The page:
# The Different Types of Brackets

## Brackets

homesitemapA-Z grammar terms the different types of brackets
Brackets are punctuation marks used in pairs. There are four types of brackets used in writing:
Type
Name
( )Parentheses or Round Brackets
[ ]Square Brackets or Box Brackets
{ }Braces or Curly Brackets
< >Angle Brackets or Chevrons

• The Different Types of Brackets in Writing
• "Parentheses" or "Brackets"?
• Parentheses (or "Round Brackets")
• Square Brackets (or "Box Brackets")
• Braces (or "Curly Brackets")
• Angle Brackets (or "Chevrons")
• The Different Types of Brackets in Mathematics
• The Different Types of Brackets in Programming
• Test Time!
This infographic summarizes how the different types of brackets are used:
Below is an explanation of how each type of bracket is used in writing, mathematics, and programming.

## Parentheses (or "Round Brackets")

These are round brackets ( ). In the US, round brackets are referred to as "parentheses." In writing, they are used:

(1) To enclose an afterthought or additional information.

For example:
• You are required to attend the meeting in Plymouth on Tuesday. (Avoid the rush hour if I were you.)
• (Here, the text in the round brackets is afterthought.)
• Andrew Sissons (the author) lived in New York until the age of 16.
• (Here, the text in the round brackets is additional information.)

(2) To present a plural option with a singular one.

For example:
• Remove the screw(s) as shown.
• (This could be one screw or more than one screw.)

## "Parentheses" or "Brackets"?

• In the US, the term "parentheses" means round brackets.
• In the UK, "parentheses" means any type of parenthetical punctuation (e.g., brackets, commas, dashes).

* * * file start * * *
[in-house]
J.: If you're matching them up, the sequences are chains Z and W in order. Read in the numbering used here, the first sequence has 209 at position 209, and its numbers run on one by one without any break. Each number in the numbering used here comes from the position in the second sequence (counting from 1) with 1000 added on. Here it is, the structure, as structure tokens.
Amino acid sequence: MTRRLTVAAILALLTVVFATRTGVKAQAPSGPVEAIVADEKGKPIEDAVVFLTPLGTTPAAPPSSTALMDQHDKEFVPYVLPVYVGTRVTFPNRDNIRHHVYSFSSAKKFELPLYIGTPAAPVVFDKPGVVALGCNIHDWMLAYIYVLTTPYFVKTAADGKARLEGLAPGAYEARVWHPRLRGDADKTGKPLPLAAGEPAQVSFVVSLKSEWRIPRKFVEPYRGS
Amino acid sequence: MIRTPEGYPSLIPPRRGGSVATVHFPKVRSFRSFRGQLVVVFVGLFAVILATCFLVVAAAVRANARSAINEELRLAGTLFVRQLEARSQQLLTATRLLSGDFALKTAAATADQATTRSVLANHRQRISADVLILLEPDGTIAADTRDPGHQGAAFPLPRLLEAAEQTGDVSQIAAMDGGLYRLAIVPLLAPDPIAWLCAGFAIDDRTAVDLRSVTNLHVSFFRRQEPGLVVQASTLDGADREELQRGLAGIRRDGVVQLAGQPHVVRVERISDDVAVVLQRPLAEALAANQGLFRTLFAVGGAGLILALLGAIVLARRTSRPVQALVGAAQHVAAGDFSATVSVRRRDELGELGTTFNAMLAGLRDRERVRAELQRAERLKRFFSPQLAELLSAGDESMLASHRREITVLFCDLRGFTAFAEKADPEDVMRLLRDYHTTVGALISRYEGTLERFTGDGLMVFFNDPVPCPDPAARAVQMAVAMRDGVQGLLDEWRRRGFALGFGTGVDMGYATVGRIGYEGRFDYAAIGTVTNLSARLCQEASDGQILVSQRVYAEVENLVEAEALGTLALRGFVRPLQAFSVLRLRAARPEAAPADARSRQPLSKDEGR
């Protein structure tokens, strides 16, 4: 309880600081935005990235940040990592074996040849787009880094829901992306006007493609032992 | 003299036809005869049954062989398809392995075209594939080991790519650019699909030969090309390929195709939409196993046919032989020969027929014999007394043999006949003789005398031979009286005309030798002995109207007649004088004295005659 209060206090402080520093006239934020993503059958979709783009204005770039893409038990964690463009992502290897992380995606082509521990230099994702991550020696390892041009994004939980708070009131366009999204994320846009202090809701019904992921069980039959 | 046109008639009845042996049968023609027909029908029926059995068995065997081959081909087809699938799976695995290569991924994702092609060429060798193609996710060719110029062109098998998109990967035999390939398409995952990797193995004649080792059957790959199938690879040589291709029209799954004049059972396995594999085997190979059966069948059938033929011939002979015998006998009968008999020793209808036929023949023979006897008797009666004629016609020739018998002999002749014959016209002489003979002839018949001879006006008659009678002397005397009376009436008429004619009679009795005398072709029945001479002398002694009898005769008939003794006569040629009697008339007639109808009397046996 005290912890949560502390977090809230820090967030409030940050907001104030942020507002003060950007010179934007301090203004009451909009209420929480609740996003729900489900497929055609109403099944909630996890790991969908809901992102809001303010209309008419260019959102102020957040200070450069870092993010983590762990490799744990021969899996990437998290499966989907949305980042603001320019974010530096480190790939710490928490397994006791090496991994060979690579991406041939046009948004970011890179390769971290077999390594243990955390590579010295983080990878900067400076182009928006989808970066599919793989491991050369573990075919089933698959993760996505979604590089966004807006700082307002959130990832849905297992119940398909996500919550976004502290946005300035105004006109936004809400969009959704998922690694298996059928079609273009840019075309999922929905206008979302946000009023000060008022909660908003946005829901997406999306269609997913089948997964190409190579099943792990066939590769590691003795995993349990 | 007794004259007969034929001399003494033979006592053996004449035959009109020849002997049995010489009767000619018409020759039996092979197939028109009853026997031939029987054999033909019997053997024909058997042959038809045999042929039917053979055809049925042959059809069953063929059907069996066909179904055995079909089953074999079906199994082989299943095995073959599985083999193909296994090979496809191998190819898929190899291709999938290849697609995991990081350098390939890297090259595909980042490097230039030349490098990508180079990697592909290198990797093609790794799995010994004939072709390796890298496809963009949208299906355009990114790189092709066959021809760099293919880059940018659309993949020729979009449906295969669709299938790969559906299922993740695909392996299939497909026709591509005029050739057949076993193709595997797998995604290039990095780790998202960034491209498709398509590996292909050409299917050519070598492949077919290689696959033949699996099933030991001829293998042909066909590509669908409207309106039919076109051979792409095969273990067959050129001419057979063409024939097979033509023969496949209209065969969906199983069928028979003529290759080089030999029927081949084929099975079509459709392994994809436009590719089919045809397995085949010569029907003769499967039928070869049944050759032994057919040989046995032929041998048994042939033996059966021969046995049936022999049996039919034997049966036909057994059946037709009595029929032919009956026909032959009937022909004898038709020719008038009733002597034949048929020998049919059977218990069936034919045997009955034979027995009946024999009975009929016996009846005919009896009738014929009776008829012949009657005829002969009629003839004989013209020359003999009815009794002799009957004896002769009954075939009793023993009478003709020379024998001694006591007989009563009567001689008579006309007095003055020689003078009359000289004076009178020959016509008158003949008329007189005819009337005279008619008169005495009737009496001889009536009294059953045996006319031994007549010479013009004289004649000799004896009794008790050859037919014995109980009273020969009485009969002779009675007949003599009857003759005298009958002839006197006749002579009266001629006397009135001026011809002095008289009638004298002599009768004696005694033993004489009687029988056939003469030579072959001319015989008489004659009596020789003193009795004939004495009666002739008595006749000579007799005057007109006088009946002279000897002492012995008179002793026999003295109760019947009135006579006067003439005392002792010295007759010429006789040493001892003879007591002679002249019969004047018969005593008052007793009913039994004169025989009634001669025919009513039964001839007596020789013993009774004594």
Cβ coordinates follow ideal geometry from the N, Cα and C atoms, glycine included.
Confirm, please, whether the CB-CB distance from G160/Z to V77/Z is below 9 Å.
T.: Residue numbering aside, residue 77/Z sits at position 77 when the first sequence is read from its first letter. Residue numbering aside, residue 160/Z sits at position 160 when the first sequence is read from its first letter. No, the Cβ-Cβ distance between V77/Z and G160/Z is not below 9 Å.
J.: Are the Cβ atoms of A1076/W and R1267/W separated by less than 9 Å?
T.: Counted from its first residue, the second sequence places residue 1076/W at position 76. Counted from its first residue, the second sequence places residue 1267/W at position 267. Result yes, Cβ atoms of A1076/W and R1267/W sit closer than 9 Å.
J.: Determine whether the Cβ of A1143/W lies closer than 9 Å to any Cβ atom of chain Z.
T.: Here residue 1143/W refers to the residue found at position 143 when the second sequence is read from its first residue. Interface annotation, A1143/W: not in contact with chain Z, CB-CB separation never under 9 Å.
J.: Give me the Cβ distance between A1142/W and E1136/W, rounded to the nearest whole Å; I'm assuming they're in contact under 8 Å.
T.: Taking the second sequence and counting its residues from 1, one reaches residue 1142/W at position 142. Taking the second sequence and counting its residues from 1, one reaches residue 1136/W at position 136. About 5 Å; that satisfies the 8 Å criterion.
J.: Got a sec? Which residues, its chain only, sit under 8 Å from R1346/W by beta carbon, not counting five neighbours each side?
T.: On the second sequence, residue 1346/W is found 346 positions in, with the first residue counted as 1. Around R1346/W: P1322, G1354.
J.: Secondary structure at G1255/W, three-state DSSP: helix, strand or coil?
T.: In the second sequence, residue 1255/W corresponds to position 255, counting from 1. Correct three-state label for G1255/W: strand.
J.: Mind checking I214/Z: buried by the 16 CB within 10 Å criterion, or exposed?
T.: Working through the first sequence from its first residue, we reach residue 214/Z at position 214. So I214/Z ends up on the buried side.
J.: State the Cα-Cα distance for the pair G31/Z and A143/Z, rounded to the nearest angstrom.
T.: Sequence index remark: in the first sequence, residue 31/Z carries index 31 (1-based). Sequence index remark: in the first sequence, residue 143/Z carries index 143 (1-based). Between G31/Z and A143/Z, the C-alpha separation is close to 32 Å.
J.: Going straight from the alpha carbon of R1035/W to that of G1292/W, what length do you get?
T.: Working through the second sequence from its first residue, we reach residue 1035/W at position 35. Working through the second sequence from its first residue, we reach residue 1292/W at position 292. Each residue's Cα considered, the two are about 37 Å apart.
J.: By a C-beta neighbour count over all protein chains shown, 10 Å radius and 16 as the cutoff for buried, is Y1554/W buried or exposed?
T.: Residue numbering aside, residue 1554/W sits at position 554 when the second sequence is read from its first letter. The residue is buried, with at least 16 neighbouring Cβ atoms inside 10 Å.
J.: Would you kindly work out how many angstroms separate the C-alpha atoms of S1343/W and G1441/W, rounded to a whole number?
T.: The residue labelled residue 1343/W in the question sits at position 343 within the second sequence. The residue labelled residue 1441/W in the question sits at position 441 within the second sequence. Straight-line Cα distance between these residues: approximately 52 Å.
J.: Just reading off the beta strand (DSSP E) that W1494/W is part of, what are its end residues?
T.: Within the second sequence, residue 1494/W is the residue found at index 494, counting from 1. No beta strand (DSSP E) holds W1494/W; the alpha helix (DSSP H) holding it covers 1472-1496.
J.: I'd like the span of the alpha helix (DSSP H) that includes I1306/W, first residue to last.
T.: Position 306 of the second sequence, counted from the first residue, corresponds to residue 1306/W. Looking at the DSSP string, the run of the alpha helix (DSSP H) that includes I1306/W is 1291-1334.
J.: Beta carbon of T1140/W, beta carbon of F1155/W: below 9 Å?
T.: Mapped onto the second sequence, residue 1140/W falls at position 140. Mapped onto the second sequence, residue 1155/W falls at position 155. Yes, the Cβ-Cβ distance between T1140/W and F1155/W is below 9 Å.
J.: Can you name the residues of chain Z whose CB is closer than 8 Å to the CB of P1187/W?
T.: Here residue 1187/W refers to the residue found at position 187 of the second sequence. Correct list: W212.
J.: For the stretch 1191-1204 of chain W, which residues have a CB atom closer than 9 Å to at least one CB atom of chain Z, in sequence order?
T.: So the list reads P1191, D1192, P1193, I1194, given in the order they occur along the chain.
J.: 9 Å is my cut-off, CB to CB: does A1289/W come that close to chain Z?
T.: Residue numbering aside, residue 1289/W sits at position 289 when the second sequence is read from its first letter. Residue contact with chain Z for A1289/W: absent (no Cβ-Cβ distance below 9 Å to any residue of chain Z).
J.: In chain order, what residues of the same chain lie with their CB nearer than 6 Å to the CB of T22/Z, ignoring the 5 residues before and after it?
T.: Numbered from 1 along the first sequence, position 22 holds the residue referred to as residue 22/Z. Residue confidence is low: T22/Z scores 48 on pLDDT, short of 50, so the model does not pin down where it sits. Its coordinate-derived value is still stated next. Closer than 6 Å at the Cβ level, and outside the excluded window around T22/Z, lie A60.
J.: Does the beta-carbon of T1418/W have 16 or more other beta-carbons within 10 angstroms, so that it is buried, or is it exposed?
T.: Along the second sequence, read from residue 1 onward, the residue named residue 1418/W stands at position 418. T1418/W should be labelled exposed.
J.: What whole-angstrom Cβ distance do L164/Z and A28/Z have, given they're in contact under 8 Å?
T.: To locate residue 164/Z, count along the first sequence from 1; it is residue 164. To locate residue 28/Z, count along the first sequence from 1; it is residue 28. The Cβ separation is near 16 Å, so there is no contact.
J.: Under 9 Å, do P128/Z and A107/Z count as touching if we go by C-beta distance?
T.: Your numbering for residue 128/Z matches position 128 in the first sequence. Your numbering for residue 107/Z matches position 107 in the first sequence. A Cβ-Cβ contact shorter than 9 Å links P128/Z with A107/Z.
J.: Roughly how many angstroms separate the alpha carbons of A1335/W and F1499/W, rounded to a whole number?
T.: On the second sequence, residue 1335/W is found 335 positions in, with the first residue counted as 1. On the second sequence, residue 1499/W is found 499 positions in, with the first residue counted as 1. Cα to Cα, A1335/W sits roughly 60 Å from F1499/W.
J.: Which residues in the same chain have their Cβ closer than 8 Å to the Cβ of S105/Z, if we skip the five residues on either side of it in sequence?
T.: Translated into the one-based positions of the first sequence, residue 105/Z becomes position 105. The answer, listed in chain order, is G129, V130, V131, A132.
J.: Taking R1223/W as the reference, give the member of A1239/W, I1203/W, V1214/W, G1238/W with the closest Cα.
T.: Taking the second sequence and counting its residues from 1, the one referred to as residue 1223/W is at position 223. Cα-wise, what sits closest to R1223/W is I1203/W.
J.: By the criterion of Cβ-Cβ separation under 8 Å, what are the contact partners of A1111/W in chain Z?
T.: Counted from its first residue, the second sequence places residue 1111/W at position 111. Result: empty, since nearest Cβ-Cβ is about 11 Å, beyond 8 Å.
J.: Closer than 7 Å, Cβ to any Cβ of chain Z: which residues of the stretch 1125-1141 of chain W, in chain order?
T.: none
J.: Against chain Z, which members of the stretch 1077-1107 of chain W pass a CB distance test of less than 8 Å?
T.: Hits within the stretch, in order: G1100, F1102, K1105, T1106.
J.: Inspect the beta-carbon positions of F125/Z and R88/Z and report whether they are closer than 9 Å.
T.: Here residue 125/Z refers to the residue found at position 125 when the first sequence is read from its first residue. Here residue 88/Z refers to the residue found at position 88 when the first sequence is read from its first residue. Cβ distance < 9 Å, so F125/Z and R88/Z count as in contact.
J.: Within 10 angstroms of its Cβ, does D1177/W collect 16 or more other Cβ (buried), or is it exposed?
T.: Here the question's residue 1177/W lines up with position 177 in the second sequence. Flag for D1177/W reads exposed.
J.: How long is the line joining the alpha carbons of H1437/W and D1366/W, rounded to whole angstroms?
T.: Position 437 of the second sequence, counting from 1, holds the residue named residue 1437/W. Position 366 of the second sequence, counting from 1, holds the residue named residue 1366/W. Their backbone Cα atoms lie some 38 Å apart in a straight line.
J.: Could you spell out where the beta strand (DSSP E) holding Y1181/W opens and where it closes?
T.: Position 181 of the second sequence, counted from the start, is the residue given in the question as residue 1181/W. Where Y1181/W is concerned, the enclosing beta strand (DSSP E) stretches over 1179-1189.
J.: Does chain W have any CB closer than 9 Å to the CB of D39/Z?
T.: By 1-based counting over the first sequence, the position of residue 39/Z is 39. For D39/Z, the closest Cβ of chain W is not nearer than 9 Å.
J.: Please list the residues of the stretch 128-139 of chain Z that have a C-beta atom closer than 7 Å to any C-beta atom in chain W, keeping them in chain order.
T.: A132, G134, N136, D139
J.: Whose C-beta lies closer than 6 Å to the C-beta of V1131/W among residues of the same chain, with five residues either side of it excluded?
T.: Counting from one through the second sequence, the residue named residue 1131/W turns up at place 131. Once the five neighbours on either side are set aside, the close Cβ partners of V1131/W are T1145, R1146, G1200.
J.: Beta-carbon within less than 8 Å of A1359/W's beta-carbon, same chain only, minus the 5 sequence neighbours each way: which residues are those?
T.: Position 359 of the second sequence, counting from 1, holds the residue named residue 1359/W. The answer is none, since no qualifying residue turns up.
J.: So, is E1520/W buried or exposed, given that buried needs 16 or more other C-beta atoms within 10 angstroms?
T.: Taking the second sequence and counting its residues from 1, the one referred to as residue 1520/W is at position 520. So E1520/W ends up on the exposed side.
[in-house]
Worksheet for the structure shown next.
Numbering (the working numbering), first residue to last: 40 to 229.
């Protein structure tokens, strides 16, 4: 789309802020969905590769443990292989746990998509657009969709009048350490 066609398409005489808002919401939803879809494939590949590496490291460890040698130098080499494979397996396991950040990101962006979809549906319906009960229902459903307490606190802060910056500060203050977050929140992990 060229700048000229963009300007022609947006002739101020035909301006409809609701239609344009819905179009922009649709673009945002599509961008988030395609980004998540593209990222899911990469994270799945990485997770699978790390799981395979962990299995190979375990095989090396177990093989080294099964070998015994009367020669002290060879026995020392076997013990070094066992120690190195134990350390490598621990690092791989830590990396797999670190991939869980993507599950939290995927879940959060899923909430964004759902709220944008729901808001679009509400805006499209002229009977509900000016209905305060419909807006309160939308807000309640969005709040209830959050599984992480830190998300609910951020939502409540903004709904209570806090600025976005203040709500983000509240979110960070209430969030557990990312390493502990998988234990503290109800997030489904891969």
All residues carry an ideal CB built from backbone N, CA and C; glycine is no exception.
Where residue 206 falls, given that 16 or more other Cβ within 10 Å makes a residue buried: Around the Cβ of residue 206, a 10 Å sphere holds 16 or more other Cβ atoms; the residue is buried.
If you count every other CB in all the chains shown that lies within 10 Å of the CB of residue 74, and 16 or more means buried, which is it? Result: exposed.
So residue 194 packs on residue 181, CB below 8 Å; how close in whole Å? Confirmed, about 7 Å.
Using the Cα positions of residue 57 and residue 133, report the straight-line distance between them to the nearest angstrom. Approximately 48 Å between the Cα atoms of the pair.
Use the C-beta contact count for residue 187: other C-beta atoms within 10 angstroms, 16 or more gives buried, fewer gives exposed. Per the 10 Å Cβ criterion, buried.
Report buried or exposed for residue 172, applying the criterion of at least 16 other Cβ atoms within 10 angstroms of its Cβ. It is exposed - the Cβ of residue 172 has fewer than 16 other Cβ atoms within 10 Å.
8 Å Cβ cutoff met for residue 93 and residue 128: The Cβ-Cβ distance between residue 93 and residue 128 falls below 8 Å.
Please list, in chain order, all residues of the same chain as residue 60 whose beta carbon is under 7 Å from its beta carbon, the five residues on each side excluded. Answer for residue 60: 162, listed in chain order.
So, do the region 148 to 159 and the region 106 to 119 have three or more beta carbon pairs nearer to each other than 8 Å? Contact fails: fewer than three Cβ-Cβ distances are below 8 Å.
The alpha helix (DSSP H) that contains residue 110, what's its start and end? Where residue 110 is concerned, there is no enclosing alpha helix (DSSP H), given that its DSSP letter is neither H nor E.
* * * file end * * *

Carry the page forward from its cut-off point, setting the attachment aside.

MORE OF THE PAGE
• In the UK, "brackets" usually means round brackets.
Read more on using round brackets.

## Square Brackets (or "Box Brackets")

These are square brackets [ ]. They are sometimes called "box brackets." They are used to make quoted text clearer by showing insertions by the current author. The text in the square brackets can clarify by adding an explanation or by replacing some the original text.

(1) Insertions that clarify by adding an explanation.

For example:
• He said: "I know he [James] was last."
• (The text in the square brackets explains who "he" is.)
• She wrote: "It compliments [sic] your eyes."
• (The term "sic" (sic erat scriptum means "Thus it was written." It is used to highlight that the original author used "compliment" (instead of "complement").)

(2) Insertions that clarify by replacing the original text

For example:
• He said: "I know [James] was last."
• (This time, the text in the square brackets replaces "he," which was in the original.)

## Braces (or "Curly Brackets")

These are braces { }. They are sometimes called "curly brackets." They are rarely used in writing, but they can be used to show list items or equal choices.

(1) List items.

For example:
• You will meet the family {Baron Smith-Jones, Baroness Smith-Jones, Master James, Master Simon}.
• (The list in the braces is the entire list. It is not a sample. Do not use "e.g." or "i.e." with the list.)

(2) Equal choices.

For example:
• Write your drink choice {coke, lemonade, coffee, tea, green tea, water} on the ticket.